Because the human body comprises interrelated systems, it can be complicated to determine the “cause” in medical malpractice cases. Medical professionals may claim that the harm was caused by the patient’s condition rather than by the treatment.

Psychologists and psychiatrists can be sued for medical malpractice. Still, these cases are far more difficult to establish because the injuries are not just non-physical, but the causation is also complicated.

In any instance, the malpractice insurance company’s attorneys would almost certainly try to claim that the damage was not caused by medical misconduct.

As a result, those injured are encouraged to employ a lawyer to assist them in negotiating a settlement to recoup their losses. In this case, lawyers operate on a “contingency” basis, which means they are not paid until the client pays them. Their fees are reliant on the medical malpractice insurance carrier paying a settlement. If the lawyer successfully gets the client a payment, they will be paid a portion of the money. If the lawyer fails, they will not be paid for the service. As a result, attorneys strive to achieve favorable settlements for their clients.

Type of Settlement

In some areas, the settlement may include cash for pain and suffering, which is a payment for the emotional stress caused by the damage rather than a refund for expenditures. If there is extreme carelessness or wrongdoing, several states provide for “punitive damages.” The amount of compensation that can be awarded in such cases is frequently limited. For non-economic damages, for example, in California, no more than $250,000 can be granted.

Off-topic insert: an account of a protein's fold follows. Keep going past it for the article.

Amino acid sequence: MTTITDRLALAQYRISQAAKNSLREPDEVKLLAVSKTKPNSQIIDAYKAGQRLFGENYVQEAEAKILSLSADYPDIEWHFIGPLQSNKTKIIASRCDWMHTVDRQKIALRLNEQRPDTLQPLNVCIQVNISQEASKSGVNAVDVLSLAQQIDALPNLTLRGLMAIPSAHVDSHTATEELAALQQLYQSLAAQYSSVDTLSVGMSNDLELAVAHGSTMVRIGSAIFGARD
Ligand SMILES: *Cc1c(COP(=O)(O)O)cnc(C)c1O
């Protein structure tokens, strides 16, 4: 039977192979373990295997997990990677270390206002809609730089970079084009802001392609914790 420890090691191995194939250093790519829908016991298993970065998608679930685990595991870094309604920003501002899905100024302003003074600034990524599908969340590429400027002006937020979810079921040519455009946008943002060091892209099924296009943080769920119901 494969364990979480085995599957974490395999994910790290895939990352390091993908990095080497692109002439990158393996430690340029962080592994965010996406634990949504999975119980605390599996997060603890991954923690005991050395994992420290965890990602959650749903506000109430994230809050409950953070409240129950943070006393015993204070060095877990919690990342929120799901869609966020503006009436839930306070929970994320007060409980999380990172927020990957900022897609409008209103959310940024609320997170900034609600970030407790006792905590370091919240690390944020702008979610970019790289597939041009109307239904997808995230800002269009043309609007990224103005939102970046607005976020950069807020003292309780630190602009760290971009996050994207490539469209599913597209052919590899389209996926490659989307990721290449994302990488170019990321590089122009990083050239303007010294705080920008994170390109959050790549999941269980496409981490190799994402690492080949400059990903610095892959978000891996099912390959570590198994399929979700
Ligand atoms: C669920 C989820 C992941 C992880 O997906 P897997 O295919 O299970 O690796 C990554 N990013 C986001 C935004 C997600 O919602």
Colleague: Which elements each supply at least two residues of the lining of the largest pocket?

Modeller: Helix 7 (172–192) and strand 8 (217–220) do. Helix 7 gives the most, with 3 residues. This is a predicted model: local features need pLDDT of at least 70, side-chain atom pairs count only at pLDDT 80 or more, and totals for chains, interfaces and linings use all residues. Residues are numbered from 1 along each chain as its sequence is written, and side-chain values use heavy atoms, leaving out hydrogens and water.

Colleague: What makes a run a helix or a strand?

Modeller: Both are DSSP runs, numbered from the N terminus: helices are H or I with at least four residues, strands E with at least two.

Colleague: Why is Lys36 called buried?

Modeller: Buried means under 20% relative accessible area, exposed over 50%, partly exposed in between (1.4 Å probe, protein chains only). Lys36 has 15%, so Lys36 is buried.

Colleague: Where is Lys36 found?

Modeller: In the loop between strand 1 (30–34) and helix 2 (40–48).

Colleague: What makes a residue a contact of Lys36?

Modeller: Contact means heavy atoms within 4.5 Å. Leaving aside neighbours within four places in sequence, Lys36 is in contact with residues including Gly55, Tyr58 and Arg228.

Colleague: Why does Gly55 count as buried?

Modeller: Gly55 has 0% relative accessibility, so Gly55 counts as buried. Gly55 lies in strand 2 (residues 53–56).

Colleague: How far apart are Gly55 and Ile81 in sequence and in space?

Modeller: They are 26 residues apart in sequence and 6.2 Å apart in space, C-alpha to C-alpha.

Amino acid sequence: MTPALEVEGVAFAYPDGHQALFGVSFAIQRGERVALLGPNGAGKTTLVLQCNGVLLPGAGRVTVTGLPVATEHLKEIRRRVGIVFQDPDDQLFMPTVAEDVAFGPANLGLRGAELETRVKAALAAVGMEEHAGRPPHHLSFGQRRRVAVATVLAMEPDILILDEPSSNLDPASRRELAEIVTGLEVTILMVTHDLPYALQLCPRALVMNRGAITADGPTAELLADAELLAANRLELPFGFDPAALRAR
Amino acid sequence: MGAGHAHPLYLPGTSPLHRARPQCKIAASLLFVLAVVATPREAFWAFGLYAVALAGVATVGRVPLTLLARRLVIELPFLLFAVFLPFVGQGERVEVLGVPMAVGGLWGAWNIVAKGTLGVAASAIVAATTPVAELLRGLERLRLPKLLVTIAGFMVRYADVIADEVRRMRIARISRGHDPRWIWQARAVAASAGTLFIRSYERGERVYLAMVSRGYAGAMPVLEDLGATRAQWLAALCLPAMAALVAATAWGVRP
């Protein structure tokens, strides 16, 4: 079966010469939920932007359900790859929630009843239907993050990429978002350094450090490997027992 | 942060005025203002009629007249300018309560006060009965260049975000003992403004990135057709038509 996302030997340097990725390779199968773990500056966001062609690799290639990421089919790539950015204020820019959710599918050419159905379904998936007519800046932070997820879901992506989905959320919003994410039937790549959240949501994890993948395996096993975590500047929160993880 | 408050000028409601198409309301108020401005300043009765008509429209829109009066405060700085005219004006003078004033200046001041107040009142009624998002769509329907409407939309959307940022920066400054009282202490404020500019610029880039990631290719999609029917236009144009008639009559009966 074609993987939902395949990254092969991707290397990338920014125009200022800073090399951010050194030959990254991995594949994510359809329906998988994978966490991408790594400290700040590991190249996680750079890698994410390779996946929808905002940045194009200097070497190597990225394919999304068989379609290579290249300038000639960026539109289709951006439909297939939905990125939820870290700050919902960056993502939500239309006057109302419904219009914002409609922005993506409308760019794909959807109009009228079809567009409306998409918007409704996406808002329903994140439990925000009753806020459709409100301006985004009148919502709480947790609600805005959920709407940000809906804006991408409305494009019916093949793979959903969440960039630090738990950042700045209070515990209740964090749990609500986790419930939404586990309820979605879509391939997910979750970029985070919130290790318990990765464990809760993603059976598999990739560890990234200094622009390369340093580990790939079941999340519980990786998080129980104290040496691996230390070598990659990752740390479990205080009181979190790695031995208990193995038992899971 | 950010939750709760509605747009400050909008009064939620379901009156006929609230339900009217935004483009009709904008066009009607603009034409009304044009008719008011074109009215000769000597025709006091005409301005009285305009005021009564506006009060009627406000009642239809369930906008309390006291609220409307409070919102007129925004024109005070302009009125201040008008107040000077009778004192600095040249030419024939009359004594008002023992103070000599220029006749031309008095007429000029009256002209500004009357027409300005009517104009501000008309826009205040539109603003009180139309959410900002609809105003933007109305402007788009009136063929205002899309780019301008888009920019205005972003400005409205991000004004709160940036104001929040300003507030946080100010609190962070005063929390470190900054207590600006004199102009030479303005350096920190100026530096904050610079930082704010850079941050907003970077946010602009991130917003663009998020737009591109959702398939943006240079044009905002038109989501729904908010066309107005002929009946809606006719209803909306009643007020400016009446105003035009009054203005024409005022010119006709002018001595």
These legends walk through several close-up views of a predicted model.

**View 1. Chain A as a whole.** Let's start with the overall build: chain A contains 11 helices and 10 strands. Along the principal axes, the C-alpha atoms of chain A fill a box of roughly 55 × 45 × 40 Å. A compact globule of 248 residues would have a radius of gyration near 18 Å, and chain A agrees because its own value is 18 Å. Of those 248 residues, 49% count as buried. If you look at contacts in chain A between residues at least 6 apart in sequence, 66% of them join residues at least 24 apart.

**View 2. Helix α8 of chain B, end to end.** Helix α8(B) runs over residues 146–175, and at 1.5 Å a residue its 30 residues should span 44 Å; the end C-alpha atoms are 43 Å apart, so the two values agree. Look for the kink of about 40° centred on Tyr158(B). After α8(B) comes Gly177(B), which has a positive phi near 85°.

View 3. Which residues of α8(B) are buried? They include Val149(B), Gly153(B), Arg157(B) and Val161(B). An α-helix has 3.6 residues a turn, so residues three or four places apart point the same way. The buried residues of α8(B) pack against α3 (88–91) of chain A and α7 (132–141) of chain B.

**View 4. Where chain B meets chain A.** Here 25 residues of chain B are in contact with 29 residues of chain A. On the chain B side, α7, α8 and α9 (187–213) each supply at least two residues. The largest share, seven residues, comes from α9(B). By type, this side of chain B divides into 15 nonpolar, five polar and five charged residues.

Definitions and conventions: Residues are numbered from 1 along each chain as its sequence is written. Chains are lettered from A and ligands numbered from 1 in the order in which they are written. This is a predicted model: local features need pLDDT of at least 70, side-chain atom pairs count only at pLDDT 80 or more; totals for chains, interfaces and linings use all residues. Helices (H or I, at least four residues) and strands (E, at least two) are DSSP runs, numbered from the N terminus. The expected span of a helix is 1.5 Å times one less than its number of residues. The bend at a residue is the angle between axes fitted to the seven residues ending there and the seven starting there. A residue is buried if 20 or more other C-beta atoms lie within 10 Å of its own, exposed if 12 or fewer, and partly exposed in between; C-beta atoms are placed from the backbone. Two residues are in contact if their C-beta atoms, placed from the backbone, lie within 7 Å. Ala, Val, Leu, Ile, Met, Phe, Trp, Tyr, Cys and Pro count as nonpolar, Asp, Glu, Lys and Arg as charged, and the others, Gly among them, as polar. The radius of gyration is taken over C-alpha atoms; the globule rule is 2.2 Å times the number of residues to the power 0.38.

Criminal Charges

When a physician or medical facility is found guilty of severe negligence or wrongdoing, the local authorities may pursue criminal charges against them. This is not the same as a medical malpractice lawsuit. The plaintiff in a criminal case is either the city or the state. The wounded patient is the plaintiff in a medical malpractice lawsuit, referred to as a “civil” action. However, one or more defendants would appear in both criminal and civil trials. The defendant is the party or parties claiming to have been medically negligent and defending the lawsuit.

The health department will only take away a doctor’s medical license in situations of extreme negligence.

Do All Medical Malpractice Cases End Up in Court?

The majority of these lawsuits are handled out of court. Still, when the parties cannot agree on a settlement sum, the matter is taken to trial. After that, a judge or jury decides whether or not the patient is entitled to compensation and, if so, how much. Years of discussions might pass before a case goes to trial. During this time, the lawyers on both parties draft legal papers in response to the other party’s queries. These materials are known as “pre-trial discovery.”

Parties’ depositions are often taken. These are interviews in which the attorneys for the opposite party can ask questions.